Electronics > RF, Microwave, Ham Radio

When is a transformer?

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Hi Guys :)
I was wondering about passing a conductor through a hole in a sheet of metal like every old mains lead passing through a gland of a steel enclosure.
If I turn a wire around a straight current carrying wire, that’s a transformer, so why isn’t the steel enclosure a transformer shorted turn?

If you pass a single wire through a metal sheet, it is a transformer with a shorted turn.

If you pass a mains lead through a hole, then the net current is zero, so there is negligible effect.

What you will find with the single wire is that there is not enough magnetic coupling at mains frequencies to cause a significant power loss in the wire. The effect of the shorted turn would add a very slight extra voltage drop in the cable, but it will probably be much less then the resistive drop in the cable.

When a single wire is used to carry a high RF frequency goes through a metal wall, feedthroughs with a fixed impedance (like 50 ohms or 75 ohms) are used. You can look up transmission line theory if you wan to find out how that works, but to put it simply, in a transmission line, there is both inductive and capacitive coupling and the two cancel each other out.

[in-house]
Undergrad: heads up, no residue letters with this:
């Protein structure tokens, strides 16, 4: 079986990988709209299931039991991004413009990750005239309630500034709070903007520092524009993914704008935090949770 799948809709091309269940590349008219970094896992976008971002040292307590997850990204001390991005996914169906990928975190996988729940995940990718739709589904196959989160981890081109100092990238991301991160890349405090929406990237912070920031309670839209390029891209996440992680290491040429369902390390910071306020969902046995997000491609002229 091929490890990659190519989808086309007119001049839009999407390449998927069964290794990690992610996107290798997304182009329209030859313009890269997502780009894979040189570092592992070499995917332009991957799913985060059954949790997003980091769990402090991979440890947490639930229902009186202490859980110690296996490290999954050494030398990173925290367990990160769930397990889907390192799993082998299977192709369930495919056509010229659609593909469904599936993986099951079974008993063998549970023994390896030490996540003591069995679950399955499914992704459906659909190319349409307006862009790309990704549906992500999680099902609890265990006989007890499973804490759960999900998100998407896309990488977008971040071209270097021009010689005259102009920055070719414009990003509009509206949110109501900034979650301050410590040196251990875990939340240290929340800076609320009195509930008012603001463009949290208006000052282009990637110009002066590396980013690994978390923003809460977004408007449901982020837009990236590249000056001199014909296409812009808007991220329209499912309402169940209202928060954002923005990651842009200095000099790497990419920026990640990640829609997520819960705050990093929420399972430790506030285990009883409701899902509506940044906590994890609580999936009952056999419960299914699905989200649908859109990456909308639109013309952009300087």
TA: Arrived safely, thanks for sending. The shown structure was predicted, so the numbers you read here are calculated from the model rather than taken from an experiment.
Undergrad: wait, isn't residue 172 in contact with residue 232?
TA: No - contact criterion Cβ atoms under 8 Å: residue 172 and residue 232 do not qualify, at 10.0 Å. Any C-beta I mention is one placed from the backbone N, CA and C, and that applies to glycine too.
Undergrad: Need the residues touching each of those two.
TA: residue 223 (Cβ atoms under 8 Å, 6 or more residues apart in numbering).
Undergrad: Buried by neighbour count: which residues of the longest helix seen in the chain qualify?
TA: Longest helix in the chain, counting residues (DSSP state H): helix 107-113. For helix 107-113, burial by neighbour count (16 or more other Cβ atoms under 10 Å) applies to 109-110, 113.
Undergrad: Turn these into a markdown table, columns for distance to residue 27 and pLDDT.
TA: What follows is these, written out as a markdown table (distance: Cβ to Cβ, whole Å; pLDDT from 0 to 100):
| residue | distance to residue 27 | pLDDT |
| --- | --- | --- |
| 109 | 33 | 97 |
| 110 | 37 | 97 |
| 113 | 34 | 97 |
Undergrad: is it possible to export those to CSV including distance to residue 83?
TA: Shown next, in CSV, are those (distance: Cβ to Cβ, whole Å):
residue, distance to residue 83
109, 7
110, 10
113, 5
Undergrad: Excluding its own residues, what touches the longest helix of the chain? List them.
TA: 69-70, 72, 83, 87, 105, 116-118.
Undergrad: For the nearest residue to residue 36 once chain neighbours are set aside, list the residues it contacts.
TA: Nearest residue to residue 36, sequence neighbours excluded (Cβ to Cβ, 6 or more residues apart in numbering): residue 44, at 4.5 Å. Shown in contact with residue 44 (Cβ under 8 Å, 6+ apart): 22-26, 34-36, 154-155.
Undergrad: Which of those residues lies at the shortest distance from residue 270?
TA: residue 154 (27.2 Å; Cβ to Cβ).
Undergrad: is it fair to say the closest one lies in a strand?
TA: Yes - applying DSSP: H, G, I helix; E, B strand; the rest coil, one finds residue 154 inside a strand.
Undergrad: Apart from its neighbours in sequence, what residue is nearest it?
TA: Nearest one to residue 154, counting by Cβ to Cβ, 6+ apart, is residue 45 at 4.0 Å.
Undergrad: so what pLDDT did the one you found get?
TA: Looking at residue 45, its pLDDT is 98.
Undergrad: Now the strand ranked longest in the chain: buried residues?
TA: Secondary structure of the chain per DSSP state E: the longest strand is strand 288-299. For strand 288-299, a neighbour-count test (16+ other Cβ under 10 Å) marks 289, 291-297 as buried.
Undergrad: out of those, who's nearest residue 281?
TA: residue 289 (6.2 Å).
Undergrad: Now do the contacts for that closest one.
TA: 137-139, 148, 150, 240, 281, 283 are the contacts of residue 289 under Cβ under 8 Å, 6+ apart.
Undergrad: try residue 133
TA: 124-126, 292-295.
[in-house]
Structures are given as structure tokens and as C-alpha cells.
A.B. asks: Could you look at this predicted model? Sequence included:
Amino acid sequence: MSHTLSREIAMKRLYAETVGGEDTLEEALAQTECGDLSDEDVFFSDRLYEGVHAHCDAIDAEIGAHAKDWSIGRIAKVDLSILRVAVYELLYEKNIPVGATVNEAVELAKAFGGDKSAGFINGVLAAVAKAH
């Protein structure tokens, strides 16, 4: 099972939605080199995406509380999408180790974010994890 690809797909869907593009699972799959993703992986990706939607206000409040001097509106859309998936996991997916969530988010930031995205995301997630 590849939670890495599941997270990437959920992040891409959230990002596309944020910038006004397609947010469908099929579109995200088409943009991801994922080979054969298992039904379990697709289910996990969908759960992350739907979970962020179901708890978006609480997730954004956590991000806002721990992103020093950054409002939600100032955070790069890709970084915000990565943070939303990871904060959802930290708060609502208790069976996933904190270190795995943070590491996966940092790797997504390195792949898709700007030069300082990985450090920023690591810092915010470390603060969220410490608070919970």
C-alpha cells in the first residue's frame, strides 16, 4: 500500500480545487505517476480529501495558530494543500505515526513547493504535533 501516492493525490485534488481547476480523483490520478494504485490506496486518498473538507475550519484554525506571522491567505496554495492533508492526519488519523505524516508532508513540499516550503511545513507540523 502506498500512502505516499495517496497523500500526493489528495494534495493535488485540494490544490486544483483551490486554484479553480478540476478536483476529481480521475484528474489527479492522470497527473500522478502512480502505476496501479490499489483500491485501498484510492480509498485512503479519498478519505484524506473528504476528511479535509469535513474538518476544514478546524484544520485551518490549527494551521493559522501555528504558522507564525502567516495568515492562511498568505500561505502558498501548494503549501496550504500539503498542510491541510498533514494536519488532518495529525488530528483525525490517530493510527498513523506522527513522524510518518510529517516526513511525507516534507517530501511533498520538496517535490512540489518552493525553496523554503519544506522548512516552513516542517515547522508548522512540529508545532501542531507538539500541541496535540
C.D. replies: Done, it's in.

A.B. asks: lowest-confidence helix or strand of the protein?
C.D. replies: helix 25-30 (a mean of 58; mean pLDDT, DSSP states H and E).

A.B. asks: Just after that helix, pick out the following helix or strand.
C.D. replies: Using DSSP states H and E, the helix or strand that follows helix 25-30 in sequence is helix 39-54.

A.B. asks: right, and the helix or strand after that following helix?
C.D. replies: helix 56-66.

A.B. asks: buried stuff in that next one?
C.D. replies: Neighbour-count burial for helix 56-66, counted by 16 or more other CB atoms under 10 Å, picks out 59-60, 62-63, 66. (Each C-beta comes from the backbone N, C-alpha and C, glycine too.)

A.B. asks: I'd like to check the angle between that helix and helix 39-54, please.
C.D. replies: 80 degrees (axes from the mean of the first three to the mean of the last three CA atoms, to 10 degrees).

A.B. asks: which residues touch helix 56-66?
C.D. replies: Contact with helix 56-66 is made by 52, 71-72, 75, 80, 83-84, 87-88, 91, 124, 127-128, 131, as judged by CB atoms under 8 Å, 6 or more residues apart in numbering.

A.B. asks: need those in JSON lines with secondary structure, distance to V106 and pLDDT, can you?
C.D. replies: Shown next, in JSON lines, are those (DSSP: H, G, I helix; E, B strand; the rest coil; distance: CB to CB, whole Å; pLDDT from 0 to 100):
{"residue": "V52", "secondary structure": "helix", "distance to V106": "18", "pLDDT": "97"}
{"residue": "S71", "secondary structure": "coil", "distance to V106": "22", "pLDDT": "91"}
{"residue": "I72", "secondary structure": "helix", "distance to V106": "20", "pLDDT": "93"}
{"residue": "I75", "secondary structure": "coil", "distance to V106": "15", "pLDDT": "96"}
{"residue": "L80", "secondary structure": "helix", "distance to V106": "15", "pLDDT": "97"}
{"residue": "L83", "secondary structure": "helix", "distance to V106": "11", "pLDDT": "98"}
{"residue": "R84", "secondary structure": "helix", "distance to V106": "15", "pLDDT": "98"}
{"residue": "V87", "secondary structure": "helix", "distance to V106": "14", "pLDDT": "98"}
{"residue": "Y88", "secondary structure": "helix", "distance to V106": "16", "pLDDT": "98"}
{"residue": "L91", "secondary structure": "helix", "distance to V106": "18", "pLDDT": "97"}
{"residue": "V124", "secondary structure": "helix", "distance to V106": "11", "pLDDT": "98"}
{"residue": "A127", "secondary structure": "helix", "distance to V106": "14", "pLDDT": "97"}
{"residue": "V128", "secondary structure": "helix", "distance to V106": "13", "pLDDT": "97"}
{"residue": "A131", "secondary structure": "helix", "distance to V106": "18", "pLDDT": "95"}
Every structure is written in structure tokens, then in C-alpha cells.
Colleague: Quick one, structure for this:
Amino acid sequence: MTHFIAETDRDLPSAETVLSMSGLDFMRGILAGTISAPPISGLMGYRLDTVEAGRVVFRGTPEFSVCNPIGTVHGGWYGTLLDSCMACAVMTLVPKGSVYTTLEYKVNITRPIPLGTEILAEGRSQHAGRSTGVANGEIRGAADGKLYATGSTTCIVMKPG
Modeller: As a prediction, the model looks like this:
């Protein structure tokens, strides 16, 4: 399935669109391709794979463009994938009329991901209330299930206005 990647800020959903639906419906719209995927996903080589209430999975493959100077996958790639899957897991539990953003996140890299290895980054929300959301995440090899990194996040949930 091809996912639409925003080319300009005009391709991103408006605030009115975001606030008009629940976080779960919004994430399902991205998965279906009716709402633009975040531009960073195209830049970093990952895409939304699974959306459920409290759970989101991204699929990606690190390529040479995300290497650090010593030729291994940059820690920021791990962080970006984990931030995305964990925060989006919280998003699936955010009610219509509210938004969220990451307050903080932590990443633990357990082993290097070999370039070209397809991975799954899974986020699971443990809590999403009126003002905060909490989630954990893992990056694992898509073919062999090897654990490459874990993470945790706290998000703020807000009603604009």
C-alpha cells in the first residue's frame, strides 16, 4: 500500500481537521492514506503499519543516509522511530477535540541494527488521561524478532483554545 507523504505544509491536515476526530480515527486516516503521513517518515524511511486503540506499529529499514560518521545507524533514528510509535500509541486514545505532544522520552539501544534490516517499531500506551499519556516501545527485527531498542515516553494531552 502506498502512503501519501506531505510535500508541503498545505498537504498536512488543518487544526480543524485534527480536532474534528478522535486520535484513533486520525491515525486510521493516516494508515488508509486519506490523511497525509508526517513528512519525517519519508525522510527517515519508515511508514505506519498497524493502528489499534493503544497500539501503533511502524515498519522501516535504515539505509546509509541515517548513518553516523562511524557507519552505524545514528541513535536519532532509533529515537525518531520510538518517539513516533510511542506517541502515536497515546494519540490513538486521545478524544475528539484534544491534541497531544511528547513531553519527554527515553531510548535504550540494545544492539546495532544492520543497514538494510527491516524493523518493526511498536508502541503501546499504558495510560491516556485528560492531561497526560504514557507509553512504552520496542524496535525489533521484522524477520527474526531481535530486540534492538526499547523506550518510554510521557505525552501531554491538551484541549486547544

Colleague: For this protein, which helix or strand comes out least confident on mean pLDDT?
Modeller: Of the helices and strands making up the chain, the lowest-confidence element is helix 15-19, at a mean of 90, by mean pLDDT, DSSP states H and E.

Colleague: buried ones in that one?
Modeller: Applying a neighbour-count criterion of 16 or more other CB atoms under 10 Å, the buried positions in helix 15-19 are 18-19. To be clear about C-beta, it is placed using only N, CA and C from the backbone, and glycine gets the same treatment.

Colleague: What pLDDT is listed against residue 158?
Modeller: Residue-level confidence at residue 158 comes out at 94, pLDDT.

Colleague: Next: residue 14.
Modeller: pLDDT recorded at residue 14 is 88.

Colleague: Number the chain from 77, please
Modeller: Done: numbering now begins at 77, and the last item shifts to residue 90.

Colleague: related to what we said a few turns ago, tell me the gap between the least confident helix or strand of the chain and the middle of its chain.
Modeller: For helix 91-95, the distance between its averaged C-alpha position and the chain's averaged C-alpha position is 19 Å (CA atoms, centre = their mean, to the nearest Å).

Ok thanks :) I suppose there's no difference if both the wire and metal are non ferrous? Since winding copper wire around another copper wire still makes a transformer.

It's in parallel with the magnetic field lines, so no current is induced.

A transformer only transforms where there are two wires that run parallel.  If there's a core (that runs perpendicular, and encloses both), you get bonus points.


If you wrap malleable enamelled magnet wire around a rigid copper conductor what’s the difference?
In that case there’s potential across each end of the coil you made.

ps. If you wrap a few turns of some wire around your coax you can connect each end of the wire to a frequency counter
and read frequency when you transmit, presumably from reflected current on the sheath, but still the wires weren’t parallel.


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